The Bright Side Of Ignorance: Thomas Bernhard Analysis Part II

September 12, 2010 § 2 Comments


In the past few months, three former classmates of mine have committed suicide; they were all friends of mine and kept me company with their arts for almost the whole of my life and were the ones who really made my existence in the least bit possible. The musician killed (shot) himself because people had no ear for his art. The painter killed (hanged) himself because people had no eyes for his art. The scientist, with whom I even went to primary school, killed (poisoned) himself because people, in his opinion, had no head for science. All three had had to withdraw from life because they were in despair over the fact that the world no longer had the feelings or abilities to take in their art and their science. « Read the rest of this entry »


The Bright Side Of Ignorance: Thomas Bernhard Analysis Part I

September 12, 2010 § Leave a comment

The cheeky bastard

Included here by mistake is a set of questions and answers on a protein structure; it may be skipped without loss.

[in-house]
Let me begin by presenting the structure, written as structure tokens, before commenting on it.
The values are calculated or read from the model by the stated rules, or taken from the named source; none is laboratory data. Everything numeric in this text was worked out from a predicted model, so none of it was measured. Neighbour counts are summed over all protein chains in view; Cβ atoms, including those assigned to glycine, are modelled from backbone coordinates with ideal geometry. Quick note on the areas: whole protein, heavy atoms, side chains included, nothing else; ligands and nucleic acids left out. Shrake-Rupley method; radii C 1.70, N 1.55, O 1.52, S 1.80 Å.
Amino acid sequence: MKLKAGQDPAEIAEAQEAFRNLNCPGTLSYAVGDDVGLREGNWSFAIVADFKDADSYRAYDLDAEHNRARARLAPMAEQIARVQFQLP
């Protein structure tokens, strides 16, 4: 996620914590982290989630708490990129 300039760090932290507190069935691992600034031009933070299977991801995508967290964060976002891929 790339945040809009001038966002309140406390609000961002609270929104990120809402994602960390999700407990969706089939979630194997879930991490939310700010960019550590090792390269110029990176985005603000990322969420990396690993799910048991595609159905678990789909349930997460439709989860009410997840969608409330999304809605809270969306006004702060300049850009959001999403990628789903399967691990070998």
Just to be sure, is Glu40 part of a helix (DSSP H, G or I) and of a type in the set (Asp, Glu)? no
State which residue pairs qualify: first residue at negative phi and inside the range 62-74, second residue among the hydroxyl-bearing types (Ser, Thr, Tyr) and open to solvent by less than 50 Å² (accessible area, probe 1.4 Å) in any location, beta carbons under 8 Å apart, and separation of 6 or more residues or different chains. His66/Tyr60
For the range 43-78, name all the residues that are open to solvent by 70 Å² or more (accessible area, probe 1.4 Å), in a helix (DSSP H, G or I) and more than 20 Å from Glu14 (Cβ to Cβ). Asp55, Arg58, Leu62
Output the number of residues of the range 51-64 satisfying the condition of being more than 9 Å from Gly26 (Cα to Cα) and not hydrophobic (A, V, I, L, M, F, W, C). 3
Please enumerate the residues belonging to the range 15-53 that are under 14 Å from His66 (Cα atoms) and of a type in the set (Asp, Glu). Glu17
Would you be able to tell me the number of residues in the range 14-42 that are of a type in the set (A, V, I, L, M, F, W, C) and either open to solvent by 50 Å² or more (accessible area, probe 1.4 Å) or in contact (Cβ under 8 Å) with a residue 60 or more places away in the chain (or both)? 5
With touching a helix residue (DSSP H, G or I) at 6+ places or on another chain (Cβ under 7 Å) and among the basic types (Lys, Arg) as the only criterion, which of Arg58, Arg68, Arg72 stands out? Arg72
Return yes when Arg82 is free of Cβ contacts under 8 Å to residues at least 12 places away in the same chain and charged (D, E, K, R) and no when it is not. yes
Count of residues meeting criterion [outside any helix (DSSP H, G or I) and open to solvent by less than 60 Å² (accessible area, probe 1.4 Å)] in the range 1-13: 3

Hailing from Austria, Thomas Bernhard has been known for being caustic in his satire of the world he perceives and entwining it with black humor in the most understated and acumen fashion to where he becomes more than a critic, but a, no pun intended, voice imitator; a living, breathing, and uncompromised joke to mirror what most are simply unconscious of, something that makes his plays all the more sincere and his prose subtly sinister in ways that entice a second glance so you can process that, yes, he was betided as your caricature. In his micro-fiction collection The Voice Imitator, Bernhard touches on a great amount of topics, emotionally, politically, and socially, across 104 stories, two of which invoke an elaborative need to discover a resolve, or rather a reason to resolve. « Read the rest of this entry »

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